The sound quality of the vehicle interior response and fuel efficiency are two important considerations that influence customer purchase decision. However, these two objectives often have opposing design requirements. The reason is because a more fuel efficient vehicle generally requires lower overall weight. On the other hand, to achieve a quieter vehicle with premium sound quality inside the passenger compartment using traditional passive noise control strategy typically leads to a more massive body structure. In recent years, as a response to the need to further improve vehicle interior sound quality, a number of patents on active noise control (ANC) begin to appear. The proposed patented systems basically use a destructive sound wave form to treat the unwanted noise. This approach is gaining popularity as an alternative way to design a quieter car without the cost of weight penalty. This is made possible with recent rapid development of high performance signal processing software and hardware systems. The existing, patented active noise control systems are most effective for suppressing low frequency noise as compared to the traditional passive control applications. Even though the active vehicle noise control technology is not fully matured yet, the number of investigations and related patents in the open literature has risen over the years. Hence, there is merit to review the existing patents on active control of vehicle systems, and to provide a candid discussion on the direction and trend of this capability in the future.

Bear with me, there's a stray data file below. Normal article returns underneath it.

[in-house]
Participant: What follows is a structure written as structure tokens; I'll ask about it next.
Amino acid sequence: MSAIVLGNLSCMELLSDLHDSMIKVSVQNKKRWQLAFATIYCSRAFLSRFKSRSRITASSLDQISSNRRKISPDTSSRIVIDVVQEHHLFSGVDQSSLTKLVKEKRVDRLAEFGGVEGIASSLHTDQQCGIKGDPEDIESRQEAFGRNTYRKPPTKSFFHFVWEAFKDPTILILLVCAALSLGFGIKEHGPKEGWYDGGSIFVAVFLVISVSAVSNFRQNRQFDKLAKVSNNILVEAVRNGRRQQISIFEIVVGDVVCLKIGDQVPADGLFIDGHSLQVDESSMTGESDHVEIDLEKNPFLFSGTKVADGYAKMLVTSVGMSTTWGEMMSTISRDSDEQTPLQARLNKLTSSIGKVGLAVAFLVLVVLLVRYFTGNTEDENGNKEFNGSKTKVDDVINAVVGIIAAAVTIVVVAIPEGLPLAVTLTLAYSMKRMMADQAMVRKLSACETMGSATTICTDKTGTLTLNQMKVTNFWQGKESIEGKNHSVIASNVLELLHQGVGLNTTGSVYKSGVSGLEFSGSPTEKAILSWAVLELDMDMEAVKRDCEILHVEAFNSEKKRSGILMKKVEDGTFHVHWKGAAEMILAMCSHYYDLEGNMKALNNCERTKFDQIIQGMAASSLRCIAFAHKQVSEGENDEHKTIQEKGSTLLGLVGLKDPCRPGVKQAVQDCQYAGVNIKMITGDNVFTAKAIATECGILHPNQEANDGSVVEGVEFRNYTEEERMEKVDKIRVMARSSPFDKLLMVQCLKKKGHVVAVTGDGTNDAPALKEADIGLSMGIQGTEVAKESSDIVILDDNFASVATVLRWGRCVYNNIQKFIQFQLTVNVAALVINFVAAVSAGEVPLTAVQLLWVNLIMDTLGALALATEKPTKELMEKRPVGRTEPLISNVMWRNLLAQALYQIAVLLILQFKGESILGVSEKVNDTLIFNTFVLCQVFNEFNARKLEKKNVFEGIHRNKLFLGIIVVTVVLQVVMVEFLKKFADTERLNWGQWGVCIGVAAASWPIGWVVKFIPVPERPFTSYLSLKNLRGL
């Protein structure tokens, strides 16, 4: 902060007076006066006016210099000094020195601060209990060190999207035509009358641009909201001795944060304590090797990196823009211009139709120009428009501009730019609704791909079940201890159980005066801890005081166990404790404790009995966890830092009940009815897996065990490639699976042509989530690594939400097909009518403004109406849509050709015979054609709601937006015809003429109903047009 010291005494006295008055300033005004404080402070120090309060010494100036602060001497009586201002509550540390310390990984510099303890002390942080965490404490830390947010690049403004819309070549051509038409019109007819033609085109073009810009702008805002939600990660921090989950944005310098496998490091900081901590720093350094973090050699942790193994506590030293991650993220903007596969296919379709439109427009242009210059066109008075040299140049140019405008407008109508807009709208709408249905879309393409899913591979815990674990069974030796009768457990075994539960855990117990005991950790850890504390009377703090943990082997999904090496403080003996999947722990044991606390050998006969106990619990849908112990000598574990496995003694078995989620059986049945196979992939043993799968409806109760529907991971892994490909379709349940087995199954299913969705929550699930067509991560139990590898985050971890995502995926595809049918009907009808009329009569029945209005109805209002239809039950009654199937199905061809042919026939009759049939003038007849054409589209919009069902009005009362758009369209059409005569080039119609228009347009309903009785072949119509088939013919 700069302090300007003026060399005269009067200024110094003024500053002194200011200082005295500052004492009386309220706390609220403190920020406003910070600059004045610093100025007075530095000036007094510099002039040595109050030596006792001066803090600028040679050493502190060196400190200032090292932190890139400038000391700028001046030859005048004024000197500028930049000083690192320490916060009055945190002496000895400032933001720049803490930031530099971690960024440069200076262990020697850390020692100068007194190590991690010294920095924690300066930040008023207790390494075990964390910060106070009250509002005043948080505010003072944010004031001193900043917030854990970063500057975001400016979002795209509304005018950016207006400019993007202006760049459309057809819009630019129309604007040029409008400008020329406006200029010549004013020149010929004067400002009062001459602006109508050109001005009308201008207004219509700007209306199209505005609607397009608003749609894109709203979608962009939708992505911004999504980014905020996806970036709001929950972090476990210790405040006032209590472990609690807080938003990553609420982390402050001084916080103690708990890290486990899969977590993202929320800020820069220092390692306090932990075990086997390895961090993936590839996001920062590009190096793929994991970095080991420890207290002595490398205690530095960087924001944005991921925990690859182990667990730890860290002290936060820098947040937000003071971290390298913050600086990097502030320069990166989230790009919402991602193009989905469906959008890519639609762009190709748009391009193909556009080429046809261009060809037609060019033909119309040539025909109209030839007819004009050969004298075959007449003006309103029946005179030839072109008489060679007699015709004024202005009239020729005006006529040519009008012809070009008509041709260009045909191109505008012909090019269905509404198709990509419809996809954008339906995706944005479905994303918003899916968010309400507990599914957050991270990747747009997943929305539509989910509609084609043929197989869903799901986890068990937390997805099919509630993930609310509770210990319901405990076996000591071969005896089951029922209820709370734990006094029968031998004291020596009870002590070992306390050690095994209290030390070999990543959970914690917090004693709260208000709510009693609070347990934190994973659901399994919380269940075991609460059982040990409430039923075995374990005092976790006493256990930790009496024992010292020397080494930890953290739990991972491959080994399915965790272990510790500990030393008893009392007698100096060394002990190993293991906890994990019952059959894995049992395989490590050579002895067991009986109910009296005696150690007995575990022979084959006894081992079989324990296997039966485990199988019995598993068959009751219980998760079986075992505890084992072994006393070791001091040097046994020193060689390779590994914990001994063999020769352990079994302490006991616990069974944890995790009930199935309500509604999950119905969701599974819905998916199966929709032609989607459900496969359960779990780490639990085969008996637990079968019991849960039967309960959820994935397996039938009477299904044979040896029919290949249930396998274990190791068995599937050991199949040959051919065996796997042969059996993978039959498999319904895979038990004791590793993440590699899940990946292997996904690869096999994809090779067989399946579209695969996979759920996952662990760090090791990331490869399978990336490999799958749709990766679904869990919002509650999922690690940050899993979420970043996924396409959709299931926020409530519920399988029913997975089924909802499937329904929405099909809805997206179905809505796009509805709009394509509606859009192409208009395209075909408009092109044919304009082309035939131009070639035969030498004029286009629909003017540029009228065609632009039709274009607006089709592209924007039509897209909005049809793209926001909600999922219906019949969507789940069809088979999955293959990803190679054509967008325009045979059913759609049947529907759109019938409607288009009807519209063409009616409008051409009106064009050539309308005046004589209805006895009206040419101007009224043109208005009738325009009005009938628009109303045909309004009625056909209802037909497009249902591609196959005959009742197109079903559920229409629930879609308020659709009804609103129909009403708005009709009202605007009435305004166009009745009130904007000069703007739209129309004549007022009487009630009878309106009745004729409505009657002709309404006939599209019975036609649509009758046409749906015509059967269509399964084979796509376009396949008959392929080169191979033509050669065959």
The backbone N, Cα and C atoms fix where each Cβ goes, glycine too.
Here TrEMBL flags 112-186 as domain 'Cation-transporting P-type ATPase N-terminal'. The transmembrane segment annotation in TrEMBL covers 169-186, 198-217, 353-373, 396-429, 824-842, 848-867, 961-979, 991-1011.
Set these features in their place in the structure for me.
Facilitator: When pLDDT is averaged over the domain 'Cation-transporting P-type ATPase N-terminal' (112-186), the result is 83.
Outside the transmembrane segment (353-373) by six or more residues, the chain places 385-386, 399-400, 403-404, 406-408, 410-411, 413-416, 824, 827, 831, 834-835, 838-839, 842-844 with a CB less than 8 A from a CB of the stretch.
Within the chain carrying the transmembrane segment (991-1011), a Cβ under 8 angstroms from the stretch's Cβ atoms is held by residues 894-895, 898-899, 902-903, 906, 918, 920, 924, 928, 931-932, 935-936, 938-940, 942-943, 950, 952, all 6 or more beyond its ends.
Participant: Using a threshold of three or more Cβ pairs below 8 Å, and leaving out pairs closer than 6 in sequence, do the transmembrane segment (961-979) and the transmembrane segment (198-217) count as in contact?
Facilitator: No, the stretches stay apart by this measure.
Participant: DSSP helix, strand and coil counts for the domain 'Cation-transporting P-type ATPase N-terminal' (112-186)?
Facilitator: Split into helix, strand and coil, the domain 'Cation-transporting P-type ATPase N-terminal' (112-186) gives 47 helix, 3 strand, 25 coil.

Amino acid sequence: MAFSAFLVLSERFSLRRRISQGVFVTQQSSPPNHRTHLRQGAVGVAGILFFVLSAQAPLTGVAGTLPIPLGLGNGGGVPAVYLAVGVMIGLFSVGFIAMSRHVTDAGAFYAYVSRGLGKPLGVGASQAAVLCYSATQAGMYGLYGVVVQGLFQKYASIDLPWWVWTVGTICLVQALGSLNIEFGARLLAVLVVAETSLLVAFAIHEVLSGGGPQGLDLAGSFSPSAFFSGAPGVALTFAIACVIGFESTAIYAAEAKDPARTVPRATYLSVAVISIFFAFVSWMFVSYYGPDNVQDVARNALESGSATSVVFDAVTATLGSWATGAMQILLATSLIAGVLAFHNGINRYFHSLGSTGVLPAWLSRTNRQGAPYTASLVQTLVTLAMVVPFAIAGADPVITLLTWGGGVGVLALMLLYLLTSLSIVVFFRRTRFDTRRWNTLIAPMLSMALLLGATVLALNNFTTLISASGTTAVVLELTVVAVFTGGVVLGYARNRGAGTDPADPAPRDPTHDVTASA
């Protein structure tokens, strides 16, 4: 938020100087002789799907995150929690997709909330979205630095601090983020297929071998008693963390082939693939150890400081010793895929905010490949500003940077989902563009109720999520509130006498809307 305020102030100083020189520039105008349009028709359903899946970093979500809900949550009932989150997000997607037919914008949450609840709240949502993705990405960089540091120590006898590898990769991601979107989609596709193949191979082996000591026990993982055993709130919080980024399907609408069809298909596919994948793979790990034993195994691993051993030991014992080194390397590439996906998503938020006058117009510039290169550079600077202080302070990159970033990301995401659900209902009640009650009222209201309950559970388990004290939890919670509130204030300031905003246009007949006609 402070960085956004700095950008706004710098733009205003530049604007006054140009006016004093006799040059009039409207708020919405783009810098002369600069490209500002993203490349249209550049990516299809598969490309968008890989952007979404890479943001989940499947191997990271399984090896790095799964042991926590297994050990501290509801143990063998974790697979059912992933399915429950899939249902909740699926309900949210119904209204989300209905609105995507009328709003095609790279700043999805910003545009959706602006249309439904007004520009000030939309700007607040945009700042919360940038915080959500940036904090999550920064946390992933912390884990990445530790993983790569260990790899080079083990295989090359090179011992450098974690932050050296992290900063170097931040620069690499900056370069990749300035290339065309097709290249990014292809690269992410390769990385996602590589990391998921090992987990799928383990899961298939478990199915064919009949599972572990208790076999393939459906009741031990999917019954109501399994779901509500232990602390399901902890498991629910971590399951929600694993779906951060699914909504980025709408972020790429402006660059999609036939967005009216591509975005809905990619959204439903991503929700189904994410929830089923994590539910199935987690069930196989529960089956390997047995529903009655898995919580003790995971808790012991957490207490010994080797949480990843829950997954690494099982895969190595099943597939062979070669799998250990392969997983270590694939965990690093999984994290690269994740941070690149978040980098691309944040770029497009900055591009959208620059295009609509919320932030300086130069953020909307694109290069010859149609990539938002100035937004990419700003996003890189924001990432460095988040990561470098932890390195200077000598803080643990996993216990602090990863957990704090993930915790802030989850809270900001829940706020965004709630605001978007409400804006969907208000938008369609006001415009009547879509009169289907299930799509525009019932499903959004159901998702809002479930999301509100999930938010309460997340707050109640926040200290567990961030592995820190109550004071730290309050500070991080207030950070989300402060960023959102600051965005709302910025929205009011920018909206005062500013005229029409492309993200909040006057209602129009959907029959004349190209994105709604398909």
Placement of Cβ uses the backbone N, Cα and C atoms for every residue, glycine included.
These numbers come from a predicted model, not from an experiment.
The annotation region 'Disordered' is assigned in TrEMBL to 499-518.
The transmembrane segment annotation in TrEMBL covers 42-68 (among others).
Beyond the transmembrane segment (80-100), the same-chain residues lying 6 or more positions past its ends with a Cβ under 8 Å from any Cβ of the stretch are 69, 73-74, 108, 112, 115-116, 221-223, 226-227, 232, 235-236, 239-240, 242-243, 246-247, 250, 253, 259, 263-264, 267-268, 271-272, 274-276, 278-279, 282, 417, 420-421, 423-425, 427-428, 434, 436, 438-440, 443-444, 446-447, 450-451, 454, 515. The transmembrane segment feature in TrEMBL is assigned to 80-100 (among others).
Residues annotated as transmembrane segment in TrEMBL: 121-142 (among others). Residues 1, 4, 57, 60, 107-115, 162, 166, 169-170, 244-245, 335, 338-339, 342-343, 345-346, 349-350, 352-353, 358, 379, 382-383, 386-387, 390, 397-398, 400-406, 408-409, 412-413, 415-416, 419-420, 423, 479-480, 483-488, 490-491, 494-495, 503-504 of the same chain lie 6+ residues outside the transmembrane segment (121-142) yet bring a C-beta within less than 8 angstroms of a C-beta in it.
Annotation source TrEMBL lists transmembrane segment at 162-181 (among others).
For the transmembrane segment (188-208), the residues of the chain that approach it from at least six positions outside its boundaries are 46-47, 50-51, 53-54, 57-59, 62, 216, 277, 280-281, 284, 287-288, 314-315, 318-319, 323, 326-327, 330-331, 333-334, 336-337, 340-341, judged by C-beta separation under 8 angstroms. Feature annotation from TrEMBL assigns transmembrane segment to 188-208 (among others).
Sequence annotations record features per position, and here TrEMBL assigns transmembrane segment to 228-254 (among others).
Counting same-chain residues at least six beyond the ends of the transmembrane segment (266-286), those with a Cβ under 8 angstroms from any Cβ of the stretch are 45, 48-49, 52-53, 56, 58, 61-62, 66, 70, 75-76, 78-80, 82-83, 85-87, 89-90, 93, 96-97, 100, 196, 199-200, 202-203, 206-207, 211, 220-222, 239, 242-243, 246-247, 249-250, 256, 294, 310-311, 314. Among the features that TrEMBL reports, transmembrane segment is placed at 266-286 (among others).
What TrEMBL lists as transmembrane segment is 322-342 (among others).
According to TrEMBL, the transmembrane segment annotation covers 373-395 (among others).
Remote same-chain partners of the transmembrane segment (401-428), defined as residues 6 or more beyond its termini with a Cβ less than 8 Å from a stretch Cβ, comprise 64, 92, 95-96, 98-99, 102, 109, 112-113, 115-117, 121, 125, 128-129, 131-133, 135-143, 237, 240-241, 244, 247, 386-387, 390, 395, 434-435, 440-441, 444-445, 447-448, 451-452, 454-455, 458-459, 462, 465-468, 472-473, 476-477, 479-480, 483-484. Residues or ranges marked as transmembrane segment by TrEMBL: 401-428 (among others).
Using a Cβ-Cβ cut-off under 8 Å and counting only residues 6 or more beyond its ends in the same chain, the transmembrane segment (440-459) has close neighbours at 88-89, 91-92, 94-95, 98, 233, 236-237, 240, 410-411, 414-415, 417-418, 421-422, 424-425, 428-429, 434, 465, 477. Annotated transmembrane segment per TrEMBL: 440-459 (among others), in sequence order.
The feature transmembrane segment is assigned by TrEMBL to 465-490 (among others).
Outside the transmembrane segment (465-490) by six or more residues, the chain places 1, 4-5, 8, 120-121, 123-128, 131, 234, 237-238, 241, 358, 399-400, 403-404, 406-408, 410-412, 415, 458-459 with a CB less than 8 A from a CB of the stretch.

Active noise control, active noise reduction, active noise suppression, acoustic noise tuning, vehicle noise control, vehicle interior response, fuel efficiency, NVH, filtered-x least mean square, FxLMS, signal processing unit, internal model controller, IMC algorithm, adaptive filter, signal generator, limiting amplifier, abnormal acoustic noise, adaptive notch filters, finite impulse response, secondary path filter, filtered reference signal, sinusoidal waveform generator, Bluebird, virtual microphone arrangement, the remote microphone technique, feedforward difference prediction tech-nique, adaptive LMS virtual microphone technique, Kalman filtering virtual sensing method, stochastically optimal tonal diffuse field virtual sensing technique
Mechanical Engineering, School of Dynamic Systems, 598 Rhodes Hall, P.O. Box 210072, University of Cincinnati, Cincinnati, OH 45221-0072, USA.